On Building Your Own Trebuchet

(with a Whole lot of Twine)

Written by Rolo

With the end of summer drawing near there are a few traditions that we all partake in. For some it is simply a change of season, for others it is a return to school. We all started to watch and also feel summer wane all around us and headed to our friend's cottage for good times, relax and spend an afternoon building a trebuchet using a whole lot of twine!

Lotta twine

For those of you who do not know what a Trebuchet is, it is simply a more advanced version of a catapult. A catapult is a large wooden mechanism that quite literally "catapults" a large object over a fairly large distance. Generally the large object is a projectile or missile of some type. I.e.: a rock, cantaloupe, or a Mini Cooper.

The basic catapult generally is comprised of a simple wooden frame with a long throwing arm. The arm uses the kinetic energy stored through tension (like a crossbow) or through torsion (using twisted ropes). In a trebuchet the arm is powered by gravity, using a heavy counterweight on the other end. Trebuchets are a vast improvement over traditional catapults by allowing the counterweight to drop straight down, and with the use of a sling to whip the projectile further.

Counterweight ready, sir!

Okay, history/science lesson is now over.

The idea to build a catapult was born after breakfast. We were simply not content to settle for a slingshot. We just had to build a siege engine. It helped us greatly that our friends cottage was situated on one hundred acres of tree farm land. Thus there were several tree trunks lying around after the spring cutting.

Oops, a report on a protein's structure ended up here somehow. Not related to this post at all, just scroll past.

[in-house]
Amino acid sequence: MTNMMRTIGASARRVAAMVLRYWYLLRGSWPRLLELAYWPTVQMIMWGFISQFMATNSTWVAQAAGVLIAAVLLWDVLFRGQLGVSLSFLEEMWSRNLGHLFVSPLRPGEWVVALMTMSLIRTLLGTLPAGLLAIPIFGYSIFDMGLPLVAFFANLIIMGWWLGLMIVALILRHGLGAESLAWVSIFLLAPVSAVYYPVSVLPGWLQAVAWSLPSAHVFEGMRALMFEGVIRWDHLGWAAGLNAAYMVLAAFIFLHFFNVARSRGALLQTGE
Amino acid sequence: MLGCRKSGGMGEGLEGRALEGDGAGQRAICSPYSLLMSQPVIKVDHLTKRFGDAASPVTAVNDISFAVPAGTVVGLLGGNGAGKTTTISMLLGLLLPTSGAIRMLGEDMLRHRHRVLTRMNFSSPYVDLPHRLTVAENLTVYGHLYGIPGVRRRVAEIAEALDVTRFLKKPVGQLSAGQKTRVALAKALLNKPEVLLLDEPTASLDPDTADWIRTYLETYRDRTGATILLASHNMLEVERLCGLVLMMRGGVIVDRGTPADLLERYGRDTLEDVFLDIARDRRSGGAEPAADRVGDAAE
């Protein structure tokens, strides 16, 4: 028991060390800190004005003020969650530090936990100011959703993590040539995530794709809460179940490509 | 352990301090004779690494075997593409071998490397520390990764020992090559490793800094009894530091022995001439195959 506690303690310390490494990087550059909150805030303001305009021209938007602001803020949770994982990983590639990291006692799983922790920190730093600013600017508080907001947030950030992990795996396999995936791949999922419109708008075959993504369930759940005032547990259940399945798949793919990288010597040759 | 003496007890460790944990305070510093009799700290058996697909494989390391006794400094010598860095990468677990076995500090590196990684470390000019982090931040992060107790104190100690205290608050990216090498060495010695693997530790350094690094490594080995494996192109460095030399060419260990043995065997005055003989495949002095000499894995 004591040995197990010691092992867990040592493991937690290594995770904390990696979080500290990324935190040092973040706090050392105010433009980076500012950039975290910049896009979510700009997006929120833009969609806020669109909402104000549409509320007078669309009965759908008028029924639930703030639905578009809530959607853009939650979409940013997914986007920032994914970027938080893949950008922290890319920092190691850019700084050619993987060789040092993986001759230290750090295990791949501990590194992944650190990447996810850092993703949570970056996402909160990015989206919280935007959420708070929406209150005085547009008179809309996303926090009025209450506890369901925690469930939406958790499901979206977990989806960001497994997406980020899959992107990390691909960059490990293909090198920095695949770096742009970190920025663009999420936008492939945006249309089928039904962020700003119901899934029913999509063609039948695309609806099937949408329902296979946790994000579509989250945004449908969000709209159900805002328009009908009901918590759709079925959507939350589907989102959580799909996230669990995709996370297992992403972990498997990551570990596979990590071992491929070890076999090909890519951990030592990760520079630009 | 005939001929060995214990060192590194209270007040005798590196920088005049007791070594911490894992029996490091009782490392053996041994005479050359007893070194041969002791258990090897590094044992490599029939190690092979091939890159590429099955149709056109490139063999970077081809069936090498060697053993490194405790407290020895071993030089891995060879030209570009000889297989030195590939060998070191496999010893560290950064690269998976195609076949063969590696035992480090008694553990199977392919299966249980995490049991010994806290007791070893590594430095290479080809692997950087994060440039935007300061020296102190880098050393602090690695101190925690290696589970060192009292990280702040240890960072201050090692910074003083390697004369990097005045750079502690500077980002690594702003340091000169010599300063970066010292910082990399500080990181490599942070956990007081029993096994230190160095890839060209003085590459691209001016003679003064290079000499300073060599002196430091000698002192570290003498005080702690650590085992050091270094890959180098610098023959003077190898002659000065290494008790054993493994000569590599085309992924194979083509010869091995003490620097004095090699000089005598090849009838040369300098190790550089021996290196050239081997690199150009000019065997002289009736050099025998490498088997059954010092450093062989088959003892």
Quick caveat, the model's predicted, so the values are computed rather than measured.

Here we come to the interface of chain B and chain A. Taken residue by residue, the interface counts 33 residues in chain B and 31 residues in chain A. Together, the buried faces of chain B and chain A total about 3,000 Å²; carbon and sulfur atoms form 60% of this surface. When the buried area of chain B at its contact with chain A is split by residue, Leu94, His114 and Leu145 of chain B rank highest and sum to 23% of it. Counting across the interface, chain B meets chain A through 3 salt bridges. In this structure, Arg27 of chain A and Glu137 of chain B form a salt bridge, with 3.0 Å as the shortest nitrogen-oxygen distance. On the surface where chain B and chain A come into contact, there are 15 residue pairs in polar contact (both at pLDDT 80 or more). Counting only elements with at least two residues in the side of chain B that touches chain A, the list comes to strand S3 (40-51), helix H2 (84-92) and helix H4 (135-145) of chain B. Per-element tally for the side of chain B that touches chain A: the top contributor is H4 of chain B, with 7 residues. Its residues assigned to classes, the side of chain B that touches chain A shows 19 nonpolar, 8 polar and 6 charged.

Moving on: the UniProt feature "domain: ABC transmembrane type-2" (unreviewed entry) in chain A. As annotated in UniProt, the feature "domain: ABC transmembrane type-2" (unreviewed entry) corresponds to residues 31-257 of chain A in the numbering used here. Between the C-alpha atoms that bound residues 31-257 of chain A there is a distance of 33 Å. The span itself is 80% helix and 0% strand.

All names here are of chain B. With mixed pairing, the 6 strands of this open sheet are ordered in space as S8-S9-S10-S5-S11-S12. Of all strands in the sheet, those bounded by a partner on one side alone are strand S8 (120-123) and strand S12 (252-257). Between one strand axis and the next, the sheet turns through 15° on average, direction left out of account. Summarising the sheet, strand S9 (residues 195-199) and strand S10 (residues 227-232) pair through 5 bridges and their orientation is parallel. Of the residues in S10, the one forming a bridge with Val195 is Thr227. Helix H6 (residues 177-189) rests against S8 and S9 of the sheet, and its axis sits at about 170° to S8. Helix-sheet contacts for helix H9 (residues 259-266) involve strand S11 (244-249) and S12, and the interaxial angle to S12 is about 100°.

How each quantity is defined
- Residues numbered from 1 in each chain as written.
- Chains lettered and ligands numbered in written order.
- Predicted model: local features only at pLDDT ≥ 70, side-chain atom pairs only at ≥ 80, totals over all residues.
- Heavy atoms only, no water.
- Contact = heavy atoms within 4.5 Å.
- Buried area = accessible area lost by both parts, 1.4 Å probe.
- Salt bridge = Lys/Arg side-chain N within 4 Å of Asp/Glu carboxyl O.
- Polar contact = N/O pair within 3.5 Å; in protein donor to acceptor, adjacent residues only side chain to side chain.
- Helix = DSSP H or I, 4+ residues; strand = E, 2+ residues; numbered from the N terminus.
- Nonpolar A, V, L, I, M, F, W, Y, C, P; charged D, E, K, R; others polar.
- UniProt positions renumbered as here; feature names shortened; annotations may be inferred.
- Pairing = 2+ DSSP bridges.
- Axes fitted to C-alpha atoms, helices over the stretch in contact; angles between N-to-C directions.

No power tools, nails or nuts and bolts were used in the construction of the Trebuchet. At our disposal we only had one Swiss Army knife, a pocket chainsaw (then later a hand saw) along with a broken survival knife. Instead of getting a quantity of bulk rope, the progenitor of this scheme bought a large spool of twine. Now, it is simply amazing what you can do with twine, especially when you have about 650 meters worth of it. The overall frame was lashed together with an immense amount of twine and a use of cutting interlocking grooves in the tree trunks, which were about 2-8" in diameter.


After about six hours of gathering, sawing, building, lashing, and more lashing, we had a ten-foot tall siege engine to call our very own. Sadly we had to scrap the idea of using a sling because of a power line over the site. For the counterweight we used a handy tree stump wrapped in heavy gauge chain. The counterweight was then lashed to the arm using an even larger amount of twine! We then lashed a fruit basket to the other end and tied the arm to the ground with more twine and a stake. With all that done she was ready to fire.

Next time!

Sadly no neither cantaloupes nor large stones were to be found, (much less a Mini Cooper) so we had to make due with out our handy football.

The results of the first test firing were no less than spectacular with the trebuchet working fantastically... then collapsed in a heap of wood and twine. There was sheer silence across the battlefield, almost shock at the fact that we actually created (briefly) a working trebuchet. The football was found about thirty yards away, and ironically, every single piece of twine held. Only the smaller members of the trebuchet snapped under the strain. All told, it was worth the experience.

Next summer we'll probably build a Twine Ballista...